Small business success strategies coronavirus - Fast Company

Posted: 12 Apr 2020 02:41 AM PDT

We can all agree that social distancing is necessary for the health of our communities, but it's been catastrophic for many small businesses that rely on in-person activities to thrive. From restaurants to gift shops to cleaning services, businesses have had to completely upend their normal strategies to figure out how to survive.



We've researched and spoken to a variety of small businesses around the world to find out what they're doing to get through this uncharted territory. The main takeaway from all of them: flexibility. Things are not business as usual, and everyone is getting creative to make things work. Here are a few strategies that resourceful small businesses are trying during social distancing.

Expand your market

In some cases, your existing clientele just won't be able to make use of your products or services. For example, Cleaning service Aman for Home services had to find new clients because their regular customers understandably didn't want people coming into their homes.

Instead, they told us, they began offering sterilization and disinfection services for entrances of buildings that were still in use. The demand isn't as high as normal, but it allows them to continue operating during this unprecedented period.

Similarly, many local distilleries have shifted to making hand sanitizer. Some, like Litchfield Distillery in Connecticut, are giving it away for free, which serves as a great marketing strategy to increase loyalty down the road. Others, like Tamworth Distilling in New Hampshire, are selling sanitizer in order to keep their business operating during the crisis. It's going so well that they're actually selling out.

Consider new ways to deliver your product or service

Many dine-in restaurants and bars are offering online ordering and curbside pickup. But other brick-and-mortar businesses need something more personal.

When your business model involves people coming in to browse or interact with you, you need to figure out how to make that happen virtually. La De Da! gift shop in suburban Chicago is all about offering personalized recommendations for gifts. People don't come in knowing what they want—they browse, and they rely on the owner, Jill Carlisle, to point them in the right direction.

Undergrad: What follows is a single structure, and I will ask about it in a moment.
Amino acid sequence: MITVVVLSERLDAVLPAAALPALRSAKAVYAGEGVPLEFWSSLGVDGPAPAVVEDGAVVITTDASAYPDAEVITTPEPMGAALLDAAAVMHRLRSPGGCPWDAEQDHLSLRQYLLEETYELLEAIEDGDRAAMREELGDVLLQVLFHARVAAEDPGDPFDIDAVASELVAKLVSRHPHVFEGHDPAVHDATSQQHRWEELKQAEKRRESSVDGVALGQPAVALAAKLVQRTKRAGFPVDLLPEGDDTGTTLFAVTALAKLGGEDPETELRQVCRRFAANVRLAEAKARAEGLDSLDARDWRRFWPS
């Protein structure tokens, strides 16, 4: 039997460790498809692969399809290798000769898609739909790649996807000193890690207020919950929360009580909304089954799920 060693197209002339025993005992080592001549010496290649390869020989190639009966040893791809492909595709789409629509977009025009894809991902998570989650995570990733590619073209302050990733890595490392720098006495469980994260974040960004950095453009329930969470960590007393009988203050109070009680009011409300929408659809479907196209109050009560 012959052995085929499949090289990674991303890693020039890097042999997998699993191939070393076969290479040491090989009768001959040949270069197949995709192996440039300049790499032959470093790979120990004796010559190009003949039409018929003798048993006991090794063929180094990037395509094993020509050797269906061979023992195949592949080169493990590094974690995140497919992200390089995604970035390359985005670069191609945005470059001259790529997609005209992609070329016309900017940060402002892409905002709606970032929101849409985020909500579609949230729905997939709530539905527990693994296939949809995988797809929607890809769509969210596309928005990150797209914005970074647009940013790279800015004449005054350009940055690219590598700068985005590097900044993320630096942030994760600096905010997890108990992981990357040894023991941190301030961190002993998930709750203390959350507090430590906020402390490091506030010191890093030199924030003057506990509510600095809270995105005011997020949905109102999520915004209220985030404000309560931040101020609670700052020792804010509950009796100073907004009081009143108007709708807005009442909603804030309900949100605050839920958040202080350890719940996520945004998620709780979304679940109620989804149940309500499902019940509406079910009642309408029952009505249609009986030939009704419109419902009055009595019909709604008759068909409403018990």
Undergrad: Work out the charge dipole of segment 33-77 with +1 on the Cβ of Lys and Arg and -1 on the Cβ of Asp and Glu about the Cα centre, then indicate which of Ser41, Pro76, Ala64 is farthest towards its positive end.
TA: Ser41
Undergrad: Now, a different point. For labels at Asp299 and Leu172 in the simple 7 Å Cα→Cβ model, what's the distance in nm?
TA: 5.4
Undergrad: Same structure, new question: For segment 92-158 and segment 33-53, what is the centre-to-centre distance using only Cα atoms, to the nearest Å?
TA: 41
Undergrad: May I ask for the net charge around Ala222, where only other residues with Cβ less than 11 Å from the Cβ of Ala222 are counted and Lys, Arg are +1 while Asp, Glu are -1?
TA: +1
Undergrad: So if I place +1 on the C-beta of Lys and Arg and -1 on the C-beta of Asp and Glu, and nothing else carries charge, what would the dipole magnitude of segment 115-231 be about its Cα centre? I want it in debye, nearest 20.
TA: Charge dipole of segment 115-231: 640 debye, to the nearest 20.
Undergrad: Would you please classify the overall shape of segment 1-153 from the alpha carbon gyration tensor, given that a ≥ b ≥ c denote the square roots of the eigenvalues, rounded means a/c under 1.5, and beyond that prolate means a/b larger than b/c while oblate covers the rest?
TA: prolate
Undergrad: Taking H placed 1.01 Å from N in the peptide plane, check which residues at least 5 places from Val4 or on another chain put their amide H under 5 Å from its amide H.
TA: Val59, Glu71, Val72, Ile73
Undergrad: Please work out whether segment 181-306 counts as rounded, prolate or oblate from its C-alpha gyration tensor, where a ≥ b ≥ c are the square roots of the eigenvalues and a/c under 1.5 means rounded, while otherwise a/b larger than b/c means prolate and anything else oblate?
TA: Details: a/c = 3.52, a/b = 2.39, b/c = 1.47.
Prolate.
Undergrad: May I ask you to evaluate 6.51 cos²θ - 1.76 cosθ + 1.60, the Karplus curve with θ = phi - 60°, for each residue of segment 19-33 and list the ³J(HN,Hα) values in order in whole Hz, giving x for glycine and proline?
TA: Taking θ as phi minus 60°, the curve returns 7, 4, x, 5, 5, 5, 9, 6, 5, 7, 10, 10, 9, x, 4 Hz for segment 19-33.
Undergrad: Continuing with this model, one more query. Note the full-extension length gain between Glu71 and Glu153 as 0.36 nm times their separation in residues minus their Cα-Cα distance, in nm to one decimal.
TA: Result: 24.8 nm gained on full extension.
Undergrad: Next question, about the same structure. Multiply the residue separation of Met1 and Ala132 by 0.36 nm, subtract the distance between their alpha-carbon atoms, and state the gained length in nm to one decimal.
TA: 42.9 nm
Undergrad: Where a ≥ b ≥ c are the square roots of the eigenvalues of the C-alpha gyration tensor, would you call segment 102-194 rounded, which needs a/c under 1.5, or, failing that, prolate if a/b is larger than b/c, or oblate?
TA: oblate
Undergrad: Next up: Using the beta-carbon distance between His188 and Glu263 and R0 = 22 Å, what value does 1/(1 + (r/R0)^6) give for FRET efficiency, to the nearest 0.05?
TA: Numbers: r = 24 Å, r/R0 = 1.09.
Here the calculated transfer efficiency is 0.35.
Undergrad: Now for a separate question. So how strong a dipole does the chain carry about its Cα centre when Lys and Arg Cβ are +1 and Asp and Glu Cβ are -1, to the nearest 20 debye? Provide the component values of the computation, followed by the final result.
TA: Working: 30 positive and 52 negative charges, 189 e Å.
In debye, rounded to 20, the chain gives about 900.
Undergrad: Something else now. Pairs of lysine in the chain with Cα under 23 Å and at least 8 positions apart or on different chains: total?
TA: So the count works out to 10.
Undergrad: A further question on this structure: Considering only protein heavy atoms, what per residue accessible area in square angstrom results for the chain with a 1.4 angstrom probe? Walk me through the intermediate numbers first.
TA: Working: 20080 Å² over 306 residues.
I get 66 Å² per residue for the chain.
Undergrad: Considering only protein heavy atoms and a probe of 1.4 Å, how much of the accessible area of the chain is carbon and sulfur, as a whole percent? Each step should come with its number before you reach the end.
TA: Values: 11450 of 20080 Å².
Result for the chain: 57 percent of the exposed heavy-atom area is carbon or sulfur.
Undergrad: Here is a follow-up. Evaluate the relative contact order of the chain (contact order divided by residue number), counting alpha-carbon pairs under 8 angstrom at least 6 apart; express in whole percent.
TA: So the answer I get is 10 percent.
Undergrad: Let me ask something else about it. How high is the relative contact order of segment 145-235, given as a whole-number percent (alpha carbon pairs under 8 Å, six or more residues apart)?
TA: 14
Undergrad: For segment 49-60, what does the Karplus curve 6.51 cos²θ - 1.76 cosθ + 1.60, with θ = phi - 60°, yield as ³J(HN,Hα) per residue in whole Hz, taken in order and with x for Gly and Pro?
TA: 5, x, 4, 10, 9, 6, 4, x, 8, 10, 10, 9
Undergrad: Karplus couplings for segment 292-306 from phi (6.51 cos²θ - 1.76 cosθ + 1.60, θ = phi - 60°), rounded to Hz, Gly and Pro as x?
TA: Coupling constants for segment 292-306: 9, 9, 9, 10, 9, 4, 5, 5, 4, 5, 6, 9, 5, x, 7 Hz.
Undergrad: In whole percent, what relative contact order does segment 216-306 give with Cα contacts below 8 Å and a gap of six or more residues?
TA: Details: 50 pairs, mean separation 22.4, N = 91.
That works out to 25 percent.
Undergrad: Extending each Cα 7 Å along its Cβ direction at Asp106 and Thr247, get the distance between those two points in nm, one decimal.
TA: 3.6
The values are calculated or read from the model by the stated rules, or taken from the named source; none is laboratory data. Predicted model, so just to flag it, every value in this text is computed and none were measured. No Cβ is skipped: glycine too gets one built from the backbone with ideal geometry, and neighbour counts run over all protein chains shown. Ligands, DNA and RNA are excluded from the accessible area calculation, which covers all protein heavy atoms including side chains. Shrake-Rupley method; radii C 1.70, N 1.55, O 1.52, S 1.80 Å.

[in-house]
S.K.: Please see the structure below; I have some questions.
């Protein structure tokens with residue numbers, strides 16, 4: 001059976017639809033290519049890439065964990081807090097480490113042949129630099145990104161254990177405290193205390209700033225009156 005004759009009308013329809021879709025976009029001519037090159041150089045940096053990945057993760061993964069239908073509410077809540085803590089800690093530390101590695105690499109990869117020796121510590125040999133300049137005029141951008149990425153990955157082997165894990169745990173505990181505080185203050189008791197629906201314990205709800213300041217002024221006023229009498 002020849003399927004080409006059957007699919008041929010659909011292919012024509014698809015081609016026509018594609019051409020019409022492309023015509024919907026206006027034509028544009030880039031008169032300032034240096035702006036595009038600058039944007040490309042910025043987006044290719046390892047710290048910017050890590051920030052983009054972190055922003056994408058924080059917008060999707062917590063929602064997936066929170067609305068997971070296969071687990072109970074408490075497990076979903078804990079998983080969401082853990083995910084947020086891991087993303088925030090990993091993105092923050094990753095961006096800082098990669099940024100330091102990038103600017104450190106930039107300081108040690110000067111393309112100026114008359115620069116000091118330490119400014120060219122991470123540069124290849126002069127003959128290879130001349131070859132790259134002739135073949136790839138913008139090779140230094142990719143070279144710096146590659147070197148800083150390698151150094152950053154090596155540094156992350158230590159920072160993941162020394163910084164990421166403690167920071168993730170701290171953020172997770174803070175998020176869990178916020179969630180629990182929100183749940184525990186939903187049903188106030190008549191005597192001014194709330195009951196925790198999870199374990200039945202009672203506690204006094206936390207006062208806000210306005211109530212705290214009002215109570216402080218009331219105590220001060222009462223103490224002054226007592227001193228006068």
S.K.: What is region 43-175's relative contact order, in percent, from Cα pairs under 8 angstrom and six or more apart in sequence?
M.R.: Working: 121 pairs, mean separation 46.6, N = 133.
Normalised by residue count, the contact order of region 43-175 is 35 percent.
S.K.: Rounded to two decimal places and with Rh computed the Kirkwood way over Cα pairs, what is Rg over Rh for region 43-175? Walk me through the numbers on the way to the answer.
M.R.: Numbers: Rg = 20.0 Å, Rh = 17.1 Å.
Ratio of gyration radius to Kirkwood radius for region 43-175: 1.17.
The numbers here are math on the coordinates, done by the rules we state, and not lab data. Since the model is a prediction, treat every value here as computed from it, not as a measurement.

With social distancing in full swing, Jill now has customers complete a Google Form, mimicking the kinds of questions she'd ask when a customer walks in or calls her. From there, she can work with the customer virtually to find the perfect gift.

Necker's Toyland, a toy store in Simsbury, Connecticut, that's been in business since 1948, also had to get creative. They're offering a FaceTime browsing option, virtually walking kids around the store, so they can pick out something that'll keep them busy during quarantine. Then they're offering curbside pickup or delivery to nearby towns.

Service-oriented businesses are doing something similar. McAlister Training in San Luis Obispo, California, like many fitness studios, has taken its classes virtual. They've also taken the opportunity to expand their market, offering classes for kids who are at home with some energy to burn. And the Winchester Mystery House in San Jose, California, is offering online tours of the historic—and strange—landmark.

By offering your services online, you retain existing customers during social distancing, while also potentially opening your market to people outside of your geographic area.

Partner with other businesses

Some struggling businesses, like Metro Bis restaurant in suburban Connecticut, are partnering with other, less-affected businesses. Metro Bis has been selling prepared meals at a local grocery store to make up for the lack of business in-house. This partnership gives them a way to safely serve their customers.

At the same time, some struggling businesses are teaming up with each other. City Home, a home decor and design business out of Portland, Oregon, has partnered with a local florist to offer an incentive to customers.


Three City Home customers will receive a surprise bouquet from local florist Old Town Florist with their delivery. For City Home, the promotion serves as an incentive to purchase. But Old Town Florist benefits, too: it's a new marketing channel, targeting customers who have a vested interest in home decor and would be likely to purchase flowers to brighten a room.

Stay connected with your customers

Your customers may not be buying from you right now, but you'll need them more than ever once things settle down and they can come back to you in person. That's why it's so important to stay connected through virtual channels. Here are a few ways to make that happen.

1. Send an email
Email your customers to let them know how they can get your product or service during this time. Are you doing curbside pickup? Offering virtual consults?

2. Update your website
Of course, an email will only reach the people whose contact info you have. For everyone else, you need to update your website.

Folks who come to your website need to know what you are—or aren't—offering. If you're still operating in some way, make that clear front and center on your homepage, so you don't miss out on potential business. If you're completely out of commission, let people know why: by showing that you're prioritizing the safety of your employees and community, people might be more likely to support you when things settle down.